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The Stone Diaries: (Penguin Classics Deluxe Edition) Paperback – September 30, 2008
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Four girls on a trip to Paris suddenly find themselves in a high-stakes game of Truth or Dare that spirals out of control. Learn More
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From Publishers Weekly
Copyright 1993 Reed Business Information, Inc. --This text refers to an out of print or unavailable edition of this title.
Top Customer Reviews
In "The Stone Diaries," Carol Shields attempts to chronicle the life of Daisy Goodwill. It is a life first told through the eyes of Daisy, and then through the eyes of those who presumably knew her best: her friends, children and relatives.
What is extraordinary about this book, is that one can look at a life lived in so many ways. Was Daisy Goodwill's life uneventful, lacking the excitement and freedom of her more worldly friends? Or was it a full, rich life? Only the reader can make this determination. But what is fascinating about "The Stone Diaries" is how the determination of the value of Daisy's life is so different, depending on the perspective that is taken. How much do we really know those people who we love the most? How well do we really know each other? I found this book to be a fascinating read, particularly for women who are living their life in full; however unfascinating and uneventful that may seem.
One cannot read The Stone Diaries without being struck by the style -- or rather styles -- in which it is written. While clearly fiction, Shields gives the appearance of journalism by including photographs purporting to be of the various characters.Read more ›
Shields picks the most unlikely person to feature in a fictional book, Daisy Stone, whose life is mundane if not predictable. After an incredible birth and beginning, we travel with her through different years of her life, somewhat seemingly picked randomly. As we read each chapter, and witness the unveiling of her life, we begin to appreciate and realize that Daisy's life isn't extraordinary, but plain and common.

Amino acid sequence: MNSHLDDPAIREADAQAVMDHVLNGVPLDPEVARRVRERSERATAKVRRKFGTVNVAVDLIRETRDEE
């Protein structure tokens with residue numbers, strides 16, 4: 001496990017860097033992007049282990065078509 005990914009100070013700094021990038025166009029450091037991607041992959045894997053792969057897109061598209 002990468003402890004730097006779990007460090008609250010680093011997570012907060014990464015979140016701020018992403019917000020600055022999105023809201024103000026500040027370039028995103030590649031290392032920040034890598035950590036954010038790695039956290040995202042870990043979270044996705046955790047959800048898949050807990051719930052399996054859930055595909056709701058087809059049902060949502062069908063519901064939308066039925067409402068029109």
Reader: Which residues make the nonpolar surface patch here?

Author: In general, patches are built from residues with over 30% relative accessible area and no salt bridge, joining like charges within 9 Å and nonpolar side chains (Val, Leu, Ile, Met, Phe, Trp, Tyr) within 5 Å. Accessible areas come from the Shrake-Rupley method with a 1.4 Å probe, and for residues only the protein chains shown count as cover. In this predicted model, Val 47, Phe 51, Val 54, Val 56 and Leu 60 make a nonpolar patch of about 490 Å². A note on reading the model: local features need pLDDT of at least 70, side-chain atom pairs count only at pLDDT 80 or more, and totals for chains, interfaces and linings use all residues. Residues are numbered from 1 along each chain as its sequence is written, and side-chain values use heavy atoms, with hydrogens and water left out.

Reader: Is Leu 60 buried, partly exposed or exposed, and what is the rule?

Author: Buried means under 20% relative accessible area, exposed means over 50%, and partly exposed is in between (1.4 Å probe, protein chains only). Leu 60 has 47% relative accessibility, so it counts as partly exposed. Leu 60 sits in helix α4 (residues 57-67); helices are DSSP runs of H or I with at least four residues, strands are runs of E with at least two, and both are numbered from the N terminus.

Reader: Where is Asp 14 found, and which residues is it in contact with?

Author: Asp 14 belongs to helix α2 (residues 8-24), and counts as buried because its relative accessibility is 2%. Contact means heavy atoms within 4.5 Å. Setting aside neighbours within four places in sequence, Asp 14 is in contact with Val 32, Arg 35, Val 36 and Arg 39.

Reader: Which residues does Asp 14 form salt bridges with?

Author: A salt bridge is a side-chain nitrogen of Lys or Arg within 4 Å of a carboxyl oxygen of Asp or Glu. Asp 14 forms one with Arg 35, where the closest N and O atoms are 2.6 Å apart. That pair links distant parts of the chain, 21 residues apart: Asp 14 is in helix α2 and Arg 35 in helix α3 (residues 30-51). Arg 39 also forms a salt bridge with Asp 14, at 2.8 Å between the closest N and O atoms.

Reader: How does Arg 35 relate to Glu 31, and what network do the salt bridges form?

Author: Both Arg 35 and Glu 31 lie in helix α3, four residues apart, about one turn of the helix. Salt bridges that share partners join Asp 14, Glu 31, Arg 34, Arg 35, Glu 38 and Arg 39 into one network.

What is extraordinary is that Shields chooses to give a character like Daisy this incredible voice. Underrepresented in literature, women like these exist, they exist yesterday and will exist tomorrow. Sure, they have moments of brightness in their lives, in which we see in Daisy, but it never goes over the top.
What amazed me about this book was Shields extremely fluid writing style allows you to flow through this story as if it were unfolding before your very eyes. She allows different characters to pick up the story line, and share their viewpoints. Sometimes we hear Daisy, sometimes we hear a third person narrator. Sometimes we aren't even privy to who is speaking. Shields takes amazing leaps in her writing, trusting her reader to make those connections.
I'm saddened by the loss of Carol Shields, but gladdened to know that she's left gifts of literature to discover. In the meantime, if you want a broad, amazing story, pick up Stone Diaries.
Most Recent Customer Reviews
It starts as an interesting story but then it gets tiresome from getting so many different points of view, even when sometimes the point of view is of the main character. Read morePublished 2 months ago by R I Besana-Zazueta
This book captured me with "surely this will get better" after all it was a Pulitzer Prize Winner, but till death due us part, it only labored on. Read morePublished 3 months ago by Amazon Customer
Shields speaks of my mother, my grandmother, myself, my daughter-in law. Yet her book is not just about women. It is about family, misunderstanding, and loss. Read morePublished 5 months ago by Amazon Customer